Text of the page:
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starting a permaculture nursery, need advice

Posts: 1699
Location: Denver, CO
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I am hoping to start a permaculture nursery, due to the fact that perennial vegetables are so hard to find, and expensive once found. This nursery will not just sell permaculture plants, it will be run in a permacultural manner.

I want to sell starts VERY cheaply.

To insure that the plants are suitable to the area, I will be buying a wide range of perennial vegetables, and planting them in our yard. The ones that thrive and spread, preferably self-propogating, will be the ones increased for sale. Besides insuring adapted pants, this will lower costs and time.

Recycled containers will be used for the pots.

The plants will simply be located in people's yards, and cuttings, divisions, or seedlings will be taken from them, so there will be no need for a separate location.

The one drawback to this plan is that all the plants would then be clones. This would be desirable in some cases, but in most diversity would be handy.

Perennial seeds are hard to start. But how would it be if I loaded flats with seeds in the autumn and kept them moist, but otherwise just left them to the natural weather conditions? Would this be an easy way to obtain superior plants? I am sure it would depend on the plant.

So, two questions for you all: what seeds do you see this working for, and what permaculture plants have done extremely well for you in Denver? That includes ground covers, shrubs, trees, perennial vegetables, herbs, etc.
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How about salsify? I'm just getting into growing this one, but it seems to me it is an under appreciated plant. It's a biennial, the first year it is a little grassy looking tuft, but the second year it really puts on a lot of growth when it is getting ready to go to seed. If you stagger your sowing of it, you can probably make a nice perennial stand, that's what I am trying to do. The only problem from your point of view is that it doesn't transplant (big tap root) so you have to establish it from seed.

I currently have LOTS of salsify seed that I am collecting. Send me a PM with your address if you want some.
Posts: 53
Location: Bulgaria, Zone 7/8
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I am not in the same zone as you, but i have a couple of suggestions that i think would work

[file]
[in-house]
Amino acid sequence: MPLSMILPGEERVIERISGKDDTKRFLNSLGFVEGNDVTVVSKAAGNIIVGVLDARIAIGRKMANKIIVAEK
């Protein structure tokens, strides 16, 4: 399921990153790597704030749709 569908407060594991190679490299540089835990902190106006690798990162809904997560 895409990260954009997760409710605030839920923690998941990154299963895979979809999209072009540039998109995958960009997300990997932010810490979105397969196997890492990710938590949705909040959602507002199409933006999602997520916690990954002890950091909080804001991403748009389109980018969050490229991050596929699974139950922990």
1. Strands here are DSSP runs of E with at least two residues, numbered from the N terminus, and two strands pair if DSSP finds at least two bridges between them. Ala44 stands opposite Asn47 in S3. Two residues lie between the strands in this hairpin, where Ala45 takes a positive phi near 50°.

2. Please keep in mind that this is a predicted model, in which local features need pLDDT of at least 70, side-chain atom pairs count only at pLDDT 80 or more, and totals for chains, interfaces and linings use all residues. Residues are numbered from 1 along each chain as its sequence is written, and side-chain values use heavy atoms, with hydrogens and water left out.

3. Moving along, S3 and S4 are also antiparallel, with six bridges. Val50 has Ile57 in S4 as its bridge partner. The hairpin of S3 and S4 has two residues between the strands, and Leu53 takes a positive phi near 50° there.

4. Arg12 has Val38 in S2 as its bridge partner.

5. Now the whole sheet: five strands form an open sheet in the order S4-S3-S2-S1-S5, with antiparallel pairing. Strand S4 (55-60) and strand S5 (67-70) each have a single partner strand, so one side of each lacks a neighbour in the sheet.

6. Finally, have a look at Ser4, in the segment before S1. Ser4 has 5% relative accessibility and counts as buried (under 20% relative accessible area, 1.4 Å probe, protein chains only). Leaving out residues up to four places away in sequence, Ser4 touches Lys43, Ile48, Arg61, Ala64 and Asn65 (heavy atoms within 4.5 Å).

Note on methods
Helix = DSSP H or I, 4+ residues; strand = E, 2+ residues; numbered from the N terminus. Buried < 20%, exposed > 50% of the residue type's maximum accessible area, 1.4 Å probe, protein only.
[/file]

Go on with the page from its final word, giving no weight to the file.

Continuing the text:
A. Check out "winter sowing" online. i used to have lots of failures till i sowed my seeds in this way, and things come out really strong and PUNKY! Almost EVERYTHING comes up and is healthy.

B. start looking at taking tree cuttings - I also recommend signing up for Mike McGroarty's free newsletter. He does not do permaculture, but he really really knows how to propagate from cuttings for really cheap. Here is a link for that, he offers a course (pretty cheap) which i have not bought, i find his videos very helpful http://www.freeplants.com/ That way you can start providing lots of trees and shrubs for others. here's a short video with mike showing an easy way of doing it. http://www.youtube.com/watch?v=WyXSNzywqvw

C. What I have found that grows really easy and should do well where you are as well is:

lemon balm
jerusalem artichoke

like i don't have to do anything for those. the oregano and thyme are easily divided so you can have more clumps, same with mints and lemon balm.

Elderberry is great, the leaves, flowers and berries can all be used. This spring I pruned one of mine back and just stuck the twigs in the soil. They all rooted. So in one square foot you could have 10 elderberry starts. this is the same for many other trees and shrubs as well.

Here's a really good way of getting chestnuts and hazelnuts in volume; Crazy guy but smart idea

raspberries and blackberries are quite easy to propagate as well.

Posts: 92
Location: AB, Canada, Zone 3
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I am looking into starting a nursery myself right now.
Start small and hopefully work my way up to a decent (side) business.
So tough to find plants here especially for permaculture.
One thing I worry about i.e. you might want to watch out for is patented plants. I think that can get messy quite quickly...
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